Borderers


Introduction

Many readers will know that the OT contains a rich vein of teaching for the believer, for it was “written for our instruction, that through endurance and through encouragement of the scriptures we might have hope” (Rom. 15: 4). The history of the two and a half tribes is no exception to this rule—although more in keeping with what is said in 1 Cor. 10: 11 (“Now all these things happened to them [as] types, and have been written for our admonition, upon whom the ends of the ages are come”). Still, warning is as valuable as encouragement, and it will be good, therefore, to see what the Spirit of God would have us learn from the tragic record of the tribes who refused to inherit over the river Jordan.

   It may be as well to state some things very clearly before we proceed with our subject. The wilderness (or desert) is what this world should be to the Christian, who has nothing here, and has all his resources in heaven. The Promised Land is not, as often thought, typical of heaven, because the land was marked by fighting and war. It is, rather, a picture of heavenly blessings that the believer enters into now despite the opposition of spiritual powers (see Eph. 1: 3; 6: 12 etc.). The land settled by the two and a half tribes, represents the world in a different light to that of the wilderness, for “the place was a place for cattle” (Num. 32: 1) and, by implication, relatively lush. It is typical of the world viewed by the believer as a place to prosper, rather than him depending on the promises of God.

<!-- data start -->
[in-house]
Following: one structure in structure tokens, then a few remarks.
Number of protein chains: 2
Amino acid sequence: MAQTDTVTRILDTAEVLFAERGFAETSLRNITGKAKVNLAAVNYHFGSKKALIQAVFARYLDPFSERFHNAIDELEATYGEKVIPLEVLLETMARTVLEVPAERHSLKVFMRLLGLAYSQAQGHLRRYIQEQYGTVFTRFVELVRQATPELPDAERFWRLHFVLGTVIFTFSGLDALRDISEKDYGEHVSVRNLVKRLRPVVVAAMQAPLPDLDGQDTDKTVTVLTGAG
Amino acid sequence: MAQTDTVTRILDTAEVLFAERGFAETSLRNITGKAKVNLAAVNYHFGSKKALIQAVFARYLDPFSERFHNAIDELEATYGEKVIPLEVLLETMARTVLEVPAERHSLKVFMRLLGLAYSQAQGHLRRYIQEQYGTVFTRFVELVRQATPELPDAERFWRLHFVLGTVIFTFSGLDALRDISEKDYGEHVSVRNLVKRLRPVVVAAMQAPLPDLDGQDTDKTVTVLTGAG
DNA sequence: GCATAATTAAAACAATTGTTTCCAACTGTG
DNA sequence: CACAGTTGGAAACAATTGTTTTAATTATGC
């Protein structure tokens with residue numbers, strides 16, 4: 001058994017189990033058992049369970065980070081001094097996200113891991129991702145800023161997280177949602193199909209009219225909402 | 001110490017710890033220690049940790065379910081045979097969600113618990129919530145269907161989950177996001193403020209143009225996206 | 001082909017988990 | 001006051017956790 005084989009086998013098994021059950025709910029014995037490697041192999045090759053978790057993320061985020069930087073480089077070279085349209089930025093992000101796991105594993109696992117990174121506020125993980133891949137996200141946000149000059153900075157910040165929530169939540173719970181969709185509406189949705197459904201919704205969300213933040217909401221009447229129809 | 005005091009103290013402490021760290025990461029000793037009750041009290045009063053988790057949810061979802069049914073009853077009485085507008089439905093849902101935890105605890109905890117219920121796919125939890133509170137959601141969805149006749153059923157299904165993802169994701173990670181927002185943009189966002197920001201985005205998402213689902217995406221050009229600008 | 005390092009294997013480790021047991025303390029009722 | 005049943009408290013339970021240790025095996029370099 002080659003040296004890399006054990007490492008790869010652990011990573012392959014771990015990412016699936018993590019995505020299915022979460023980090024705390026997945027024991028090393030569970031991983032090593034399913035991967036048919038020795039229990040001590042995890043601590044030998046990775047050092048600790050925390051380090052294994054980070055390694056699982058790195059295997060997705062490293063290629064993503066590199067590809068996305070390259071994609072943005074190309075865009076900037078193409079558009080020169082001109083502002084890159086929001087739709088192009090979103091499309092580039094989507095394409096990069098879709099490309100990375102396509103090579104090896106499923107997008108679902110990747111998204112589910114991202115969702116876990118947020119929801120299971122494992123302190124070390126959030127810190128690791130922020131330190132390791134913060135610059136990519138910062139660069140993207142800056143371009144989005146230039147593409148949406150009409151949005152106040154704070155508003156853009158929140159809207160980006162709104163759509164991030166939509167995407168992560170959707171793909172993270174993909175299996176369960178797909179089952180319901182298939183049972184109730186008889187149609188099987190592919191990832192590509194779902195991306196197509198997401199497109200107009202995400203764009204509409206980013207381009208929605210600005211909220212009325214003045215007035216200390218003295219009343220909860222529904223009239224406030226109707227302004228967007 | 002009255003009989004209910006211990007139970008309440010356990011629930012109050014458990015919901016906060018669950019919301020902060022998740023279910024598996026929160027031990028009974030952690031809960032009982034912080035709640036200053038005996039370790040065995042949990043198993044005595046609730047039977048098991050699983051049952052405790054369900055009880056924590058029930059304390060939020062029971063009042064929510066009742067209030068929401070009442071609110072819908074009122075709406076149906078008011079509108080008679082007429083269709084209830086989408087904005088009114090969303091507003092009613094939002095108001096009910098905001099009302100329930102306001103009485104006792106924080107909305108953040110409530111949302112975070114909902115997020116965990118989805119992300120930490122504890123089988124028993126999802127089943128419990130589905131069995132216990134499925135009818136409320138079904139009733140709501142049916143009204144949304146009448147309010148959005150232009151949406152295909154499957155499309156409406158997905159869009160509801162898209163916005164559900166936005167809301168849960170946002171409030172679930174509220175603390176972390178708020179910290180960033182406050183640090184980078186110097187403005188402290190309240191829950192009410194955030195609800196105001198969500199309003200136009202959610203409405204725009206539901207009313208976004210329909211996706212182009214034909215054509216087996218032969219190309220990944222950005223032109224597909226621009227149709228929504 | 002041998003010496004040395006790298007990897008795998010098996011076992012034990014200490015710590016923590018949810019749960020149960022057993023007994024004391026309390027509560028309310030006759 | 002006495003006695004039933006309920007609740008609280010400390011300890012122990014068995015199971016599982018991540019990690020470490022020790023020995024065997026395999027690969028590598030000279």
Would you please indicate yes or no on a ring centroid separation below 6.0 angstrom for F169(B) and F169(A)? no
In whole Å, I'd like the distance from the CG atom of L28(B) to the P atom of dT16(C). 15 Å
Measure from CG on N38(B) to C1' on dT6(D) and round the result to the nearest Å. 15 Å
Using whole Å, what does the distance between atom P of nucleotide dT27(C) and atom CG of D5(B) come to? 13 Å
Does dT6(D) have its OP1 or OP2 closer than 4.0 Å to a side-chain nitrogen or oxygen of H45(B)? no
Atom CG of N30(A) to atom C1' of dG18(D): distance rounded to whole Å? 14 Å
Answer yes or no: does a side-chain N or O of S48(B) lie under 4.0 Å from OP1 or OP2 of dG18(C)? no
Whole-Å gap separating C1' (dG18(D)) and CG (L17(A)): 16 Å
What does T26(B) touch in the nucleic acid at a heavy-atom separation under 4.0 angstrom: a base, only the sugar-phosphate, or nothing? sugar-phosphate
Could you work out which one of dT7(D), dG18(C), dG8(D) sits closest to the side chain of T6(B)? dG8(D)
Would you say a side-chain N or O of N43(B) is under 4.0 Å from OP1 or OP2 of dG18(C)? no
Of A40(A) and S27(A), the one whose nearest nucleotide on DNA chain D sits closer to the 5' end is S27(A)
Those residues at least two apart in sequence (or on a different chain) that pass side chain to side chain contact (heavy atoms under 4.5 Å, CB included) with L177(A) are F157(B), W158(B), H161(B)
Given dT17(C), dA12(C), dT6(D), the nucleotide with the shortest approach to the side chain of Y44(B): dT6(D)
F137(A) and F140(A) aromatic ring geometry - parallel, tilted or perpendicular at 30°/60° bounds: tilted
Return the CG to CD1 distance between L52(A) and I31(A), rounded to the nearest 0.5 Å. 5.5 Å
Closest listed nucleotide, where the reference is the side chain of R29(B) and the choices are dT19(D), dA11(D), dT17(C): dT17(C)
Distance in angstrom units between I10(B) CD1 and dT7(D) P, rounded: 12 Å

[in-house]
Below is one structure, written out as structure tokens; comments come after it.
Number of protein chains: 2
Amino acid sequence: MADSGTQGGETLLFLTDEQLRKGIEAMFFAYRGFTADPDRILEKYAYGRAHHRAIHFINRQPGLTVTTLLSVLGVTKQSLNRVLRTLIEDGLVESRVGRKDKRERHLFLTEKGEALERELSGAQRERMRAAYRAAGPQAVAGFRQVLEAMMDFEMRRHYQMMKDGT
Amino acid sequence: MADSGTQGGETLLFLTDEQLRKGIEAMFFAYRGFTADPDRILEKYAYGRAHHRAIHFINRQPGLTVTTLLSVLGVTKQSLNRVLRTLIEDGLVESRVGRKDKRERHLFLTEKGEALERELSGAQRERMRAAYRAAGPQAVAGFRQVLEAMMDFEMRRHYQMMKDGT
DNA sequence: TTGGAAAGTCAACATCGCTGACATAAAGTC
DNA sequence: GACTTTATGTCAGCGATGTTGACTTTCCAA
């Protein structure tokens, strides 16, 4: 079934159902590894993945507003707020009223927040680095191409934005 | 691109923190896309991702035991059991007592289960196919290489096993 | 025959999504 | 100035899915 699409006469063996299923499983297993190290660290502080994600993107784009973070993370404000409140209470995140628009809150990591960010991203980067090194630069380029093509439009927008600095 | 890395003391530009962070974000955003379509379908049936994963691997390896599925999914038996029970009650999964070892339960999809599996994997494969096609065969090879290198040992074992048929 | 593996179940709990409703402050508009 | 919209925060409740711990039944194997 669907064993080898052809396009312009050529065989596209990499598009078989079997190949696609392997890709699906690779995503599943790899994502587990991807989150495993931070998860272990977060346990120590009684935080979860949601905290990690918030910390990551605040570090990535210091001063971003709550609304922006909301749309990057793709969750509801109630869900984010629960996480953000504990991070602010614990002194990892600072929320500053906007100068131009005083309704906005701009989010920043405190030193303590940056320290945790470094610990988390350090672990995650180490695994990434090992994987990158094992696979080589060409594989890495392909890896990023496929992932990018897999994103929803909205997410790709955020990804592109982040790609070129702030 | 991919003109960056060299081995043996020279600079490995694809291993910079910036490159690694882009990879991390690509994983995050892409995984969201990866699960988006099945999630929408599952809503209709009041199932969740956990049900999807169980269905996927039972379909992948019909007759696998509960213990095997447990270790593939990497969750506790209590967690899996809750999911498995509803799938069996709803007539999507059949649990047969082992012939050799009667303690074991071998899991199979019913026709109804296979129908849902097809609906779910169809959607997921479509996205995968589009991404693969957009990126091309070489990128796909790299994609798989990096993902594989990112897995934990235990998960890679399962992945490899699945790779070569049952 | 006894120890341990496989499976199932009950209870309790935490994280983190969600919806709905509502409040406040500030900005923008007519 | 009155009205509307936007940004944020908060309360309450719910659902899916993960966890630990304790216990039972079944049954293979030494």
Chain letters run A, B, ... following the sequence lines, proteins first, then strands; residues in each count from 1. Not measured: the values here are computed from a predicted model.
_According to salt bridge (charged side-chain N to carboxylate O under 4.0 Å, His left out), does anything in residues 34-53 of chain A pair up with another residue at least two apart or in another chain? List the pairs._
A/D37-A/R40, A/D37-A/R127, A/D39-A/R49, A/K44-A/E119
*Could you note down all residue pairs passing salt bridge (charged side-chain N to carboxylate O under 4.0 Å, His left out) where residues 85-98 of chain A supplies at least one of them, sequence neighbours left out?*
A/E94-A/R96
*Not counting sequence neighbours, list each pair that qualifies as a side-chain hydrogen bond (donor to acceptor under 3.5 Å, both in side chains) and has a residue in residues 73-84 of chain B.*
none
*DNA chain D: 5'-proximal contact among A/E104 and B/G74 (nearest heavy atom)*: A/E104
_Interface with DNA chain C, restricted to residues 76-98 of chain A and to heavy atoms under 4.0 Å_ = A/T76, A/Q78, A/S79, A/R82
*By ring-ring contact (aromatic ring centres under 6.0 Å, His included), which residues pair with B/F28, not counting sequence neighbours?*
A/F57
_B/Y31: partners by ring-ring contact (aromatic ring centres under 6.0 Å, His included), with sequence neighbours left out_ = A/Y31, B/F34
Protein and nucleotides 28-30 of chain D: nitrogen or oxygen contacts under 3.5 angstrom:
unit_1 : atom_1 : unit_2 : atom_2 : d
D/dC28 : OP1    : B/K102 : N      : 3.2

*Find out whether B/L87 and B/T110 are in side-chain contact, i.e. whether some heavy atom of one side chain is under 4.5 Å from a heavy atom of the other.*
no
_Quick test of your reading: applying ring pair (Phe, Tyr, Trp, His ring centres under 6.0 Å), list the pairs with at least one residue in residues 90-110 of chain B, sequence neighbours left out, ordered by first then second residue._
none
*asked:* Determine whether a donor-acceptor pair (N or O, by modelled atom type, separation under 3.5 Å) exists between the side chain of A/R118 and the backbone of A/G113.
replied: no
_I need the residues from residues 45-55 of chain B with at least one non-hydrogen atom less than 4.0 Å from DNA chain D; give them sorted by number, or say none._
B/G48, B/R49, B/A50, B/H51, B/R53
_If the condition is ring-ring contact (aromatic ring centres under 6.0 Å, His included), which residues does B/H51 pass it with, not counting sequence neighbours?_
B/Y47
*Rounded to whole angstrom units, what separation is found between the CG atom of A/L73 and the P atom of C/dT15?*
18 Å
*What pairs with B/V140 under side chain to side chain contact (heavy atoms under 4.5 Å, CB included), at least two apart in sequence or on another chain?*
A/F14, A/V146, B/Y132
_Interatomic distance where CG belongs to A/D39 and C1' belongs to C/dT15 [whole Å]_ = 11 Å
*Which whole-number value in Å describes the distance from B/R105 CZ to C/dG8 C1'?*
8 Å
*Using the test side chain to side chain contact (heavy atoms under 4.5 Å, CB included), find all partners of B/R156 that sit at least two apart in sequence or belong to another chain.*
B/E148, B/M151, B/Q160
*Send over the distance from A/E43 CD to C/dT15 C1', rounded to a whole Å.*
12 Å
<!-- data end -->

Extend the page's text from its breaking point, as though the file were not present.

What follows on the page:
The Wrong Choice